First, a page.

Early January: Cold and Stormy East, Relatively Mild Western USA

Looking out roughly 2 weeks GFS guidance shows a longwave trough over the Great Lakes and New England, increasing the potential for significant snows, even a few Nor’easters? Meanwhile relatively dry, mild weather prevails over the western half of the USA.


January 2017 Preview: Milder for Much of USA? This is a low-confidence outlook, but recent runs on NOAA’s CFSv2 climate model have been trending milder for the USA and Canada as Polar Vortex winds are forecast to strengthen, keeping the coldest air bottled up over northern Canada. This is more of a curiosity than an actual forecast, but we’ll keep peering over the horizon to see if long-range forecasts are consistent (or just plain flakey).

Map: WeatherBell.


Freakish Warmth Continues In The Arctic – 50F Warmer Than Average by Thursday

Have we reached a tipping point? Here’s an excerpt from Jason Samenow at Capital Weather Gang: “It’s not normal, and it’s happening again. For the second year in a row in late December and for the second time in as many months, temperatures in the high Arctic will be freakishly high compared to normal. Computer models project that on Thursday, three days before Christmas, the temperature near the North Pole will be an astronomical 40-50 degrees warmer-than-normal and approaching 32 degrees, the melting point...”

(Map: Climate Reanalyzer).


Arctic Ice Melt “Already Affecting Weather Patterns Where You Live Right Now”

A meteorological domino effect with uncertain results – the experiment continues. A weaker jet stream may already be creating more blocking patterns, more holding patterns capable of amplifying floods and drought. Here’s an excerpt from The Guardian: “…The northern ice cap has been shrinking since the 1970s, with global warming driving the loss of about three-quarters of its volume so far. But the recent heat in the Arctic has shocked scientists, with temperatures 33C above average in parts of the Russian Arctic and 20C higher in some other places. In November, ice levels hit a record low, and we are now in “uncharted territory”, said Prof Jennifer Francis, an Arctic climate expert at Rutgers University in the US, who first became interested in the region when she sailed through it on a round-the-world trip in the 1980s. “These rapid changes in the Arctic are affecting weather patterns where you live right now,” she said. “In the past you have had natural variations like El Niño, but they have never happened before in combination with this very warm Arctic, so it is a whole new ball game. “It is inconceivable that this ridiculously warm Arctic would not have an impact on weather patterns in the middle latitudes further south, where so many people live...”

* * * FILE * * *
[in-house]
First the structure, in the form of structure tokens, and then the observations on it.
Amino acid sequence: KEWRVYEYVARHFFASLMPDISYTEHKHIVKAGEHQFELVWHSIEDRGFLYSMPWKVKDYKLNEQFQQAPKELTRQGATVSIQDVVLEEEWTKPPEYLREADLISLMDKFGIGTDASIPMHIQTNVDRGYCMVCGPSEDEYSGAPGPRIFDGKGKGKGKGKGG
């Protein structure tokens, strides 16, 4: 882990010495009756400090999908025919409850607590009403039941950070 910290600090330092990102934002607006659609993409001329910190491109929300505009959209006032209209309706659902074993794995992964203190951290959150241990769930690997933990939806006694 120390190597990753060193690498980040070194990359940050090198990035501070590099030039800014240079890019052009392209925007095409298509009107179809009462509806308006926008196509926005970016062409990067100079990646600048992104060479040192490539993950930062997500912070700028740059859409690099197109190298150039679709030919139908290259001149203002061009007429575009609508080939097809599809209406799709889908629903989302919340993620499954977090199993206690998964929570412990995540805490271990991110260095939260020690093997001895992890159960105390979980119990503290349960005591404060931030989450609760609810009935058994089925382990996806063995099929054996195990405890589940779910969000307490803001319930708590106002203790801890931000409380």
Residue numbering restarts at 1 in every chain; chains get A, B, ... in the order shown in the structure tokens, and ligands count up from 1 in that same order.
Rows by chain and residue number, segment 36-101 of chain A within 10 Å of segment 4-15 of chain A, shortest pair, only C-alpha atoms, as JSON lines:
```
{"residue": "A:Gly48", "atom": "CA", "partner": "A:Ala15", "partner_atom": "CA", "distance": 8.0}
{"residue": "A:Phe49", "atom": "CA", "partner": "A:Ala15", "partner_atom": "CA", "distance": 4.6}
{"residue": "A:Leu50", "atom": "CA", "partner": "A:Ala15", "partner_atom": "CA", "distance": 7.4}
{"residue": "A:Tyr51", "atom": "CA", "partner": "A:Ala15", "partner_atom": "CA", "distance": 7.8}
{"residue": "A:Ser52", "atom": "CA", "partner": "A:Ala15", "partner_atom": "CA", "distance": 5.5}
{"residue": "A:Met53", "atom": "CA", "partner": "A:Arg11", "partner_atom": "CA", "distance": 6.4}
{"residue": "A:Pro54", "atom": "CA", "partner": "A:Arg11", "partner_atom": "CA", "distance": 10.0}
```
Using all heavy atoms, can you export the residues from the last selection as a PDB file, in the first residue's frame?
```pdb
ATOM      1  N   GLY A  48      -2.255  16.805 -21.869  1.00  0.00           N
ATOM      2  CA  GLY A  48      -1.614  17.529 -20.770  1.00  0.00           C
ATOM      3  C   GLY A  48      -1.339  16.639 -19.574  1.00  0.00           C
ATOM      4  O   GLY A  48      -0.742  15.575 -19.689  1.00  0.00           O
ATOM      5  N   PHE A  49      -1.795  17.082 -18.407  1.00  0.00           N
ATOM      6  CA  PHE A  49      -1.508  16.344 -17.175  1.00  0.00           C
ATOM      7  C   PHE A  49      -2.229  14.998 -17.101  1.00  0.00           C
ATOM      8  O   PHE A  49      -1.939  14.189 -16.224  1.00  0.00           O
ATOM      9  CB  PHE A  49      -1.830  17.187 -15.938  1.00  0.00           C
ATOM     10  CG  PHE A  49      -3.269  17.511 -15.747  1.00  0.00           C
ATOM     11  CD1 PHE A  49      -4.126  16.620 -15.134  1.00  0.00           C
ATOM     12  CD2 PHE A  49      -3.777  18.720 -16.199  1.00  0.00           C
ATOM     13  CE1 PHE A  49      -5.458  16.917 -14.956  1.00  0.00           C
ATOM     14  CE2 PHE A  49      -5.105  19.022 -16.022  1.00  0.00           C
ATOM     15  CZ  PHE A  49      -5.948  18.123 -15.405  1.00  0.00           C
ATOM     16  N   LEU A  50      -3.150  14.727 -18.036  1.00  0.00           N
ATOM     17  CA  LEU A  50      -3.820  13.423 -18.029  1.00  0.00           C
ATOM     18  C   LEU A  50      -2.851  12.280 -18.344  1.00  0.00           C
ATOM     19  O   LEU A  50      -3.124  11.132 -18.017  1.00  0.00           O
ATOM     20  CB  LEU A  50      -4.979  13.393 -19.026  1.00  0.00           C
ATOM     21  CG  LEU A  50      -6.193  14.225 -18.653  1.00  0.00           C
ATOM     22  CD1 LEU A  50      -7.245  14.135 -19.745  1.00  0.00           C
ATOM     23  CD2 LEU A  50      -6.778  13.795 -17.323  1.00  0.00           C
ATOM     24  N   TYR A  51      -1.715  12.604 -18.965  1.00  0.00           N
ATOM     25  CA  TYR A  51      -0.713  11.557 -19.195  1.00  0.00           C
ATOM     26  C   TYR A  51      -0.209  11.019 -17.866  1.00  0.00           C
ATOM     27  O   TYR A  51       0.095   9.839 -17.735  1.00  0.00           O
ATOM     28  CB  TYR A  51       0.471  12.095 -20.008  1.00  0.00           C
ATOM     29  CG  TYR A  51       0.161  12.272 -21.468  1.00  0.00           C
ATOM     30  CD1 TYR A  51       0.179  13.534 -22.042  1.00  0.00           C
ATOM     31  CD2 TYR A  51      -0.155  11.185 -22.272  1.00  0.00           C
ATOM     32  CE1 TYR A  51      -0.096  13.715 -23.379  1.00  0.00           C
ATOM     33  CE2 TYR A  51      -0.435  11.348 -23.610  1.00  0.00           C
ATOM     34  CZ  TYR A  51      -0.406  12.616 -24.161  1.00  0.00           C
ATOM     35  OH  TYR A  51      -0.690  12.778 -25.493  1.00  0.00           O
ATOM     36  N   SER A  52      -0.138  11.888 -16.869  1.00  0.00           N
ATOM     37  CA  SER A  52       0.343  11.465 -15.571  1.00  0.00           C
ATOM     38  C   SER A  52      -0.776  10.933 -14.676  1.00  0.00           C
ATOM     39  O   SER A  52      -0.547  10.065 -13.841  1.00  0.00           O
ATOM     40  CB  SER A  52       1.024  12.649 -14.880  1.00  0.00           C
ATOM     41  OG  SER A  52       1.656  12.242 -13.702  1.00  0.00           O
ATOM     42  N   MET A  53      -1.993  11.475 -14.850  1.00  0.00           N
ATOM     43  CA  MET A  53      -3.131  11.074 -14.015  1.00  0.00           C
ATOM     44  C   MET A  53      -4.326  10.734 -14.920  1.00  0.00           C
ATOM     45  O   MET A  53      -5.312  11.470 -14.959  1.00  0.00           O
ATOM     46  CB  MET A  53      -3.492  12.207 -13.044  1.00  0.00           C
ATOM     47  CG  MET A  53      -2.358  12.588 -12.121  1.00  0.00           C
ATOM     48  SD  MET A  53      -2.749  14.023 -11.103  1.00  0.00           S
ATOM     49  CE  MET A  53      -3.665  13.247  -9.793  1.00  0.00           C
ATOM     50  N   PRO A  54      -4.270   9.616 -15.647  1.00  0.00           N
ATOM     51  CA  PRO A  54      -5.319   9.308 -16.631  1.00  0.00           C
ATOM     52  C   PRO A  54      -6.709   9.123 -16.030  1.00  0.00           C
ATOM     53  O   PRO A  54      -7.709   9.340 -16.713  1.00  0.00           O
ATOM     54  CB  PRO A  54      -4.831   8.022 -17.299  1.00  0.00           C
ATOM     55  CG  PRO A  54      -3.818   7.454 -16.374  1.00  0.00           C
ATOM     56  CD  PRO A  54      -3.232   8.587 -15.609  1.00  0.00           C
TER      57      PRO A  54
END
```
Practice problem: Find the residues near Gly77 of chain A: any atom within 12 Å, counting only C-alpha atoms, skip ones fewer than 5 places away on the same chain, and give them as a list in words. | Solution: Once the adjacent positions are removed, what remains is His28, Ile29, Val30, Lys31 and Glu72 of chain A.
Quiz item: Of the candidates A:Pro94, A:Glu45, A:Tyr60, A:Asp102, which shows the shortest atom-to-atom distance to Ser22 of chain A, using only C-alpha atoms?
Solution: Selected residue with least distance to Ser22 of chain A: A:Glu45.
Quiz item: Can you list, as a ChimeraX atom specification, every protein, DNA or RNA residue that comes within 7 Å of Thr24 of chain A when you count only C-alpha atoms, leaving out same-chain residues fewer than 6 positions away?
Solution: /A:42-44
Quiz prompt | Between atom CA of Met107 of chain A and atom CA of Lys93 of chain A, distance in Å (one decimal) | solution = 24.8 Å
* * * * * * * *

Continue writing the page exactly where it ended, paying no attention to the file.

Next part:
(Jet stream simulation: NASA)

Record-Breaking Wave Thunders Through North Atlantic

It took nearly 3 years to verify the size of this monster-wave, according to CNN.com: “…Four times the size of a double-decker bus, the WMO said the huge swell followed the passage of a “very strong cold front” which produced powerful winds of up to 50 mph (80 kph). The organization said the delay in confirming the new record was due to the time it took to analyze, cross-check and verify the data. “This is the first time we have ever measured a wave of 19 meters. It is a remarkable record,” said Wenjian Zhang, WMO Assistant Secretary-General, in a statement...”


How Soil Moisture Can Help Predict Power Outages Caused by Hurricanes